# Comparison of C=O bond strength in metal carbonyls

Find the weakest $$\ce{C=O}$$ bond among $$\ce{[Mn(CO)6]+},$$ $$\ce{Fe[(CO)5]},$$ $$\ce{[Cr(CO)6]}$$ and $$\ce{[V(CO)6]-}.$$

I thought the $$\ce{C=O}$$ bond strength would be lowest in $$\ce{[V(CO)6]-}$$ since the negative charge meant that vanadium had an excess of electrons, hence the metal-carbon back-bonding would be the strongest. As the result, the $$\ce{C=O}$$ bond order would be the least.

However, the answer given states that iron in $$\ce{Fe[(CO)5]}$$ has a $$\mathrm{3d^8}$$ configuration, which means four electron pairs for back-bonding as compared to $$\mathrm{3d^6}$$ in $$\ce{V-},$$ hence it would have a greater degree of back-bonding and thus its carbonyl bonding would be the weakest.

Is this correct or does $$\ce{[V(CO)6]-}$$ have the strongest metal-carbon synergistic bond? If the former is correct, then does a synergistic bond depend on the number of lone pairs first and a negative charge is only considered if the number of lone pairs is the same?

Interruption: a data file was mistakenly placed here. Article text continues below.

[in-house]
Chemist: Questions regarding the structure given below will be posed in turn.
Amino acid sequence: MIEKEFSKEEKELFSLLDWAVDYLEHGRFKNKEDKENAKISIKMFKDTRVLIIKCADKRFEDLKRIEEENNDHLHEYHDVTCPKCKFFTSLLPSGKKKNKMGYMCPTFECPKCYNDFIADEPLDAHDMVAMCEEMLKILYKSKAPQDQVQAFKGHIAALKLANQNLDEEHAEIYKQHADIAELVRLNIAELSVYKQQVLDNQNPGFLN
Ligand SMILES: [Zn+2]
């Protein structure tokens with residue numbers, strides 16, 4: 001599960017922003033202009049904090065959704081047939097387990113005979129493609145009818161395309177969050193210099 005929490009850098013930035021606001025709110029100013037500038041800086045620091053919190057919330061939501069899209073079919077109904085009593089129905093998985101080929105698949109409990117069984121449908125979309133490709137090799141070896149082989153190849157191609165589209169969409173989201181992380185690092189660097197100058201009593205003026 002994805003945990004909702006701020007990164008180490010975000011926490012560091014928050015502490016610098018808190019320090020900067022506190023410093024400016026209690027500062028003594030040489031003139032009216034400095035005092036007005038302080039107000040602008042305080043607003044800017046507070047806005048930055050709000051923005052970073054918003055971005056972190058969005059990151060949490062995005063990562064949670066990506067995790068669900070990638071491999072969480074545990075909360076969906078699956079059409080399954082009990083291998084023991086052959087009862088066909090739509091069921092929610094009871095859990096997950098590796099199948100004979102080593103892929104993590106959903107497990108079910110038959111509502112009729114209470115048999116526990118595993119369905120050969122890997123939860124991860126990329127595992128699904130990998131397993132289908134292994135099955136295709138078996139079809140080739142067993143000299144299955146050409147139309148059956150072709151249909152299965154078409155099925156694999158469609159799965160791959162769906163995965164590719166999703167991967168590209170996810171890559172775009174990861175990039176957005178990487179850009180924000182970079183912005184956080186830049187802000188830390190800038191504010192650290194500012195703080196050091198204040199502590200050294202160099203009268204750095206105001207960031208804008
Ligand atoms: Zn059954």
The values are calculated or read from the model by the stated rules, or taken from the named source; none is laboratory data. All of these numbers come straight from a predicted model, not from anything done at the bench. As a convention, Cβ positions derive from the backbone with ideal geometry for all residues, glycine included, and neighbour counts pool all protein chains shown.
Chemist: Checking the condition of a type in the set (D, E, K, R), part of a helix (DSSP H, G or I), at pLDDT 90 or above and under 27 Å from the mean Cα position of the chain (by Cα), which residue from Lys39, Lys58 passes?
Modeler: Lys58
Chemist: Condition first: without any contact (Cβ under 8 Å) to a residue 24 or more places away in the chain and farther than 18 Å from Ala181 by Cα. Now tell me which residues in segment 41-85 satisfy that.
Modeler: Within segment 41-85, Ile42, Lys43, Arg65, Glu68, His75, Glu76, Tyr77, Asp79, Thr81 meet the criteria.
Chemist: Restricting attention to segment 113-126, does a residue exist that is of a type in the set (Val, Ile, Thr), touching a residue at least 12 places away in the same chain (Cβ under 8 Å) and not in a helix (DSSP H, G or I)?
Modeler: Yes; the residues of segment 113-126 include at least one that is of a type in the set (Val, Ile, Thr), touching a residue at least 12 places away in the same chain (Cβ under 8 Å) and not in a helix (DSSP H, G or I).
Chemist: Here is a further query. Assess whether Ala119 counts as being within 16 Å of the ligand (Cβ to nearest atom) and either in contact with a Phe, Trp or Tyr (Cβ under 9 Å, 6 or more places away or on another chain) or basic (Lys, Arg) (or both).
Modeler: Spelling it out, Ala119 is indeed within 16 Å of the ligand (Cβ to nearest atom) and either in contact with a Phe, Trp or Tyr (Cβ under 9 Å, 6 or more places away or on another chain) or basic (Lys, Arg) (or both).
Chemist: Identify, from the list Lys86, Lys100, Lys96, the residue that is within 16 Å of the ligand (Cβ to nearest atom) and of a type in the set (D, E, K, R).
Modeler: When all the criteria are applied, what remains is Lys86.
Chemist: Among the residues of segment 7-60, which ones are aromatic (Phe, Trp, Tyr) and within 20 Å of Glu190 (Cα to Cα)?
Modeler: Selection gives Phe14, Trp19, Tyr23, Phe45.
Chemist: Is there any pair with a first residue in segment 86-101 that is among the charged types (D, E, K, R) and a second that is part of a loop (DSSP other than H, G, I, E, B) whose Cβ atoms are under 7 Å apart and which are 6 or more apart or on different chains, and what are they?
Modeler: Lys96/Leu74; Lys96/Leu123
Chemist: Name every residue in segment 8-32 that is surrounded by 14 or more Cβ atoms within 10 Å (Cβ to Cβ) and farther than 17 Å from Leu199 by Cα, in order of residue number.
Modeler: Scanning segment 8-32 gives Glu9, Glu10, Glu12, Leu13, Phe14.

• @LightYagami The first part of your question was easy to understand, I have commented on it there; the second is where my question lies. – Meta xylene Apr 3 at 15:27
• @Rishi what does that have to do with the question? Is the given explanation wrong? – Meta xylene Apr 3 at 15:28
• @Metaxylene Also see this question, I wonder, why nobody provides a definite answer to this question, maybe due to lack of data of bond lengths? So, it may just become handwaving... – Harry Potter Apr 3 at 15:40
• @LightYagami In the isoelectronic case, I see that it depends on the electron density. So maybe in other non-isoelectronic cases, the number of d$\pi$ orbital electrons is deciding. I agree though- it seems like no one knows for sure what the trend/property is. – Meta xylene Apr 3 at 15:43
• That comparing $\ce{[Fe(CO)5]}$ and the octahedral complexes isn't a fair comparison. So your explanation that you deduced in your question only applies to the octahedral complexes and you should then treat $\ce{[Fe(CO)5]}$ separately. The drop is coordination number also means the metals $d$ electrons are "shared" among less CO ligands and so the degree of backbonding can be expected to be greater. – H.Linkhorn Apr 4 at 10:30